Selling plan isn't like preaching to choir
Selling plan isn't like preaching to choir
Like evangelists traveling the country in search of converts, George Sibley and other Electronic Data Systems Corp. executives have journeyed coast to coast to win over sailors and Marines skeptical of the Navy-Marine Corps Intranet.
The NMCI concept hasn't been an easy sell, said Sibley, EDS' deputy program manager for NMCI. One reason is that it goes against the culture of the military to turn over the reins of internal communications to industry.
'This is change management,' he said. 'They're used to doing it one way. This is taking some control away from parts of the Navy.'
In the long run, NMCI will make the Navy and Marine Corps infrastructure more robust and secure while saving money, said Vice Adm. Richard Mayo, the Navy chief information officer.
'We're going to field NMCI capabilities for less than our budget,' said Rear Adm. Kenneth Slaght, vice commander of the Space and Naval Warfare Systems Command in San Diego. 'We're going to kill off old legacy duplications ' the nonfunctioning applications.'
But not everyone is pleased. Some users say the per-seat price, which averages $3,412, is too high. Some systems administrators argue that it's not feasible, or even desirable, for everyone to use the same Microsoft Windows platform when there are thousands of computers throughout Navy and Marine Corps commands that run other operating systems, including Mac OS, Sun Microsystems Solaris and Hewlett-Packard HP-UX.
Other users at the Naval Air Systems Command, the first command to use NMCI services, have complained that the migration of old applications to the new platforms has not run smoothly'a fact that top Navy brass acknowledge but add that rough edges are being ironed out.
And then there's the rumor that the Navy and the Defense Information Systems Agency are at odds. The reason: The Defense Information System Network is responsible for providing nonclassified and classified networks to the military, so NMCI is a rival to DISN.
Not so, said Brig. Gen. Bernard K. Skoch, principal director for network services at DISA. Last year, DISA and the Navy worked out an agreement that gives DISA the right of first refusal to meet the Navy's networking needs, Skoch said. In other words, if DISA can't meet the service's requirements, the Navy can seek a vendor.Outside the lines?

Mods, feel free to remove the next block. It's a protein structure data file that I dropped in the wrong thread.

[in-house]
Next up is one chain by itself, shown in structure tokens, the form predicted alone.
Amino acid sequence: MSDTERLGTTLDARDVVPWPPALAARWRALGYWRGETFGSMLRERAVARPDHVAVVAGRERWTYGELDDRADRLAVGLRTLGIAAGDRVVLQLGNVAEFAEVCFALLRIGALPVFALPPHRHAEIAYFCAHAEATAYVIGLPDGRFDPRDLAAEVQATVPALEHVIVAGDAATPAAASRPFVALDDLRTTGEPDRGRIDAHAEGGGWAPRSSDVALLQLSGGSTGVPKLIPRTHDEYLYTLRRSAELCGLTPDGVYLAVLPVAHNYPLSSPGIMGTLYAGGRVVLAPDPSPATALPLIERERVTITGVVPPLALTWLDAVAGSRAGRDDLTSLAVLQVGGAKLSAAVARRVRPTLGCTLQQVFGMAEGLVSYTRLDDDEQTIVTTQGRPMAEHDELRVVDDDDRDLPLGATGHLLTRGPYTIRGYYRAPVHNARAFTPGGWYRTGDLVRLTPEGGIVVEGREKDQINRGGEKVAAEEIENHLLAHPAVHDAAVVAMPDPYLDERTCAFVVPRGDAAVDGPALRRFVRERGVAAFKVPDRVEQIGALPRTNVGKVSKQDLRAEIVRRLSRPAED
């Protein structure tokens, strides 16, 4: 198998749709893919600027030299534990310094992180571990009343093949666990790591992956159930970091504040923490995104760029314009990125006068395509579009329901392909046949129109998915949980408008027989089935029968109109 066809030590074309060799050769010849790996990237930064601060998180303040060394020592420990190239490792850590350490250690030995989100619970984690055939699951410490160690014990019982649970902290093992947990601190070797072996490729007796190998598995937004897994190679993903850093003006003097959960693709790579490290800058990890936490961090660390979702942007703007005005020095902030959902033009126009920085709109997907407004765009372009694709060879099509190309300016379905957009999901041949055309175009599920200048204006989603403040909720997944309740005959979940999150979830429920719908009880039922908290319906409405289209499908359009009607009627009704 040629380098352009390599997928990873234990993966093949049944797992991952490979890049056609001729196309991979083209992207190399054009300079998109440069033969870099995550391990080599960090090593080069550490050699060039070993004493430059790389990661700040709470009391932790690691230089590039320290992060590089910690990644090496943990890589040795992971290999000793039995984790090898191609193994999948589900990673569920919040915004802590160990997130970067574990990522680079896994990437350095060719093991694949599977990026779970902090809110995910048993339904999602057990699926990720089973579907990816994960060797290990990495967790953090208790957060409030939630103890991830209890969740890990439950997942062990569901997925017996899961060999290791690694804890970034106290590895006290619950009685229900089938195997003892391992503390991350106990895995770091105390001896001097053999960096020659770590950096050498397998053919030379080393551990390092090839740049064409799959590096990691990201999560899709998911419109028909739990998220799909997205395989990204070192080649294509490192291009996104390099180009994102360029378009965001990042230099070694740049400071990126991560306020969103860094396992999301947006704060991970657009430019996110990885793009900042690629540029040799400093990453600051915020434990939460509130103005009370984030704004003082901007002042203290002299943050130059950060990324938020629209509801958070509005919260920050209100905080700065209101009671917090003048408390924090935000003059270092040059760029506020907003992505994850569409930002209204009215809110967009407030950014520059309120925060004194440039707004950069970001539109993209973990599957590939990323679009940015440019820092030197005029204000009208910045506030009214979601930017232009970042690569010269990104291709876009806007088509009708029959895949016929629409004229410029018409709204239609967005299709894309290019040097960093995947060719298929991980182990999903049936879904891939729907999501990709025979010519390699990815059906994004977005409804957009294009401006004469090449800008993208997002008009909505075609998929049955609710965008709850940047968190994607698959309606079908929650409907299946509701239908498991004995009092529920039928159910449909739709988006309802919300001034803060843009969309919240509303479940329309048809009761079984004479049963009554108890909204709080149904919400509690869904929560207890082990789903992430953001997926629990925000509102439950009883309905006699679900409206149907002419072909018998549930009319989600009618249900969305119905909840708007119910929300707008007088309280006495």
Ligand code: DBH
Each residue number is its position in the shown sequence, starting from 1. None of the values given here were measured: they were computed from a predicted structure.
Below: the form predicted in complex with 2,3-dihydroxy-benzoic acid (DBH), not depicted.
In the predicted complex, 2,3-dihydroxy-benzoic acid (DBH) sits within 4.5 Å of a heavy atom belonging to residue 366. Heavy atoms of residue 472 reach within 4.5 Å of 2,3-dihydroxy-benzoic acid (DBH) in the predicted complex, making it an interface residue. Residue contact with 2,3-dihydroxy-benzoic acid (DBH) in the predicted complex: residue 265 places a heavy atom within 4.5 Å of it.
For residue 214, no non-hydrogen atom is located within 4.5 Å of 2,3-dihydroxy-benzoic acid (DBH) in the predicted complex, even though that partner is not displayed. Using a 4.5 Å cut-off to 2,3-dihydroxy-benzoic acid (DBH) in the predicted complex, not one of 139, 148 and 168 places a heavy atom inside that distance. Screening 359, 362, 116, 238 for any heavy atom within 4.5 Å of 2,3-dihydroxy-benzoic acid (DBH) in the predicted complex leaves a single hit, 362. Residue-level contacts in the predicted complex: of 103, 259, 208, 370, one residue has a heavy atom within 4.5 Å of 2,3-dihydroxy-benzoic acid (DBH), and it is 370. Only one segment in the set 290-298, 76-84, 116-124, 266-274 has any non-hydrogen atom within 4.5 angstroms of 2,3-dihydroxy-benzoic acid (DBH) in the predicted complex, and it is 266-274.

'Some people are saying there is contention between the Navy and DISA. That's just not so,' Skoch said. NMCI 'steps outside of the boundaries of traditional offerings. I think it's provocative. I think it's exciting. It's not without its challenges, but I think it's great.'
Bernard K. Skoch
Bickering is expected and often accompanies a cultural change of this magnitude, several Navy officials said.
'Some of the whining I've seen has to do with people who had money and are used to buying what they want to buy,' said Richard Williamson, media operations officer at SPAWAR-San Diego.
Williamson said the contract is designed to level the playing field for all Navy and Marine Corps commands. 'In the long run, it's a good thing. We could Monday-morning-quarterback this thing to death,' he said.
Ron Turner, deputy CIO for the Navy, agreed that NMCI is a concept that 'you've got to socialize daily.' But he added that its strengths, such as bandwidth on demand and global knowledge sharing, outweigh the uncertainties.
But the other services might not jump on the seat management bandwagon.
An Air Force official said his agency won't follow suit. Col. William Cooper, director of mission systems, communication and information, said the Air Force's view of network operations is fundamentally different.
'We view and operate our network as a single, fully integrated mission capability regardless of where and when we use it,' Cooper said. 'The Navy-Marine Corps Intranet strategy separates operations for in-garrison and deployed networks.'
Even so, the service has learned a thing or two from the NMCI effort, Cooper said. 'We wholeheartedly agree with the underlying strategy to centralize operations, standardize configuration, reduce complexity and decrease the cost of same or better network services,' he said.
An Army official also said NMCI is not where his service is headed. Lt. Gen. Peter M. Cuviello, the Army's CIO, said the low-level buy-ins are coming slowly, and the Navy hasn't fixed all the operational flaws NMCI is uncovering.
The fixes will come with time, Mayo said.'Dawn S. Onley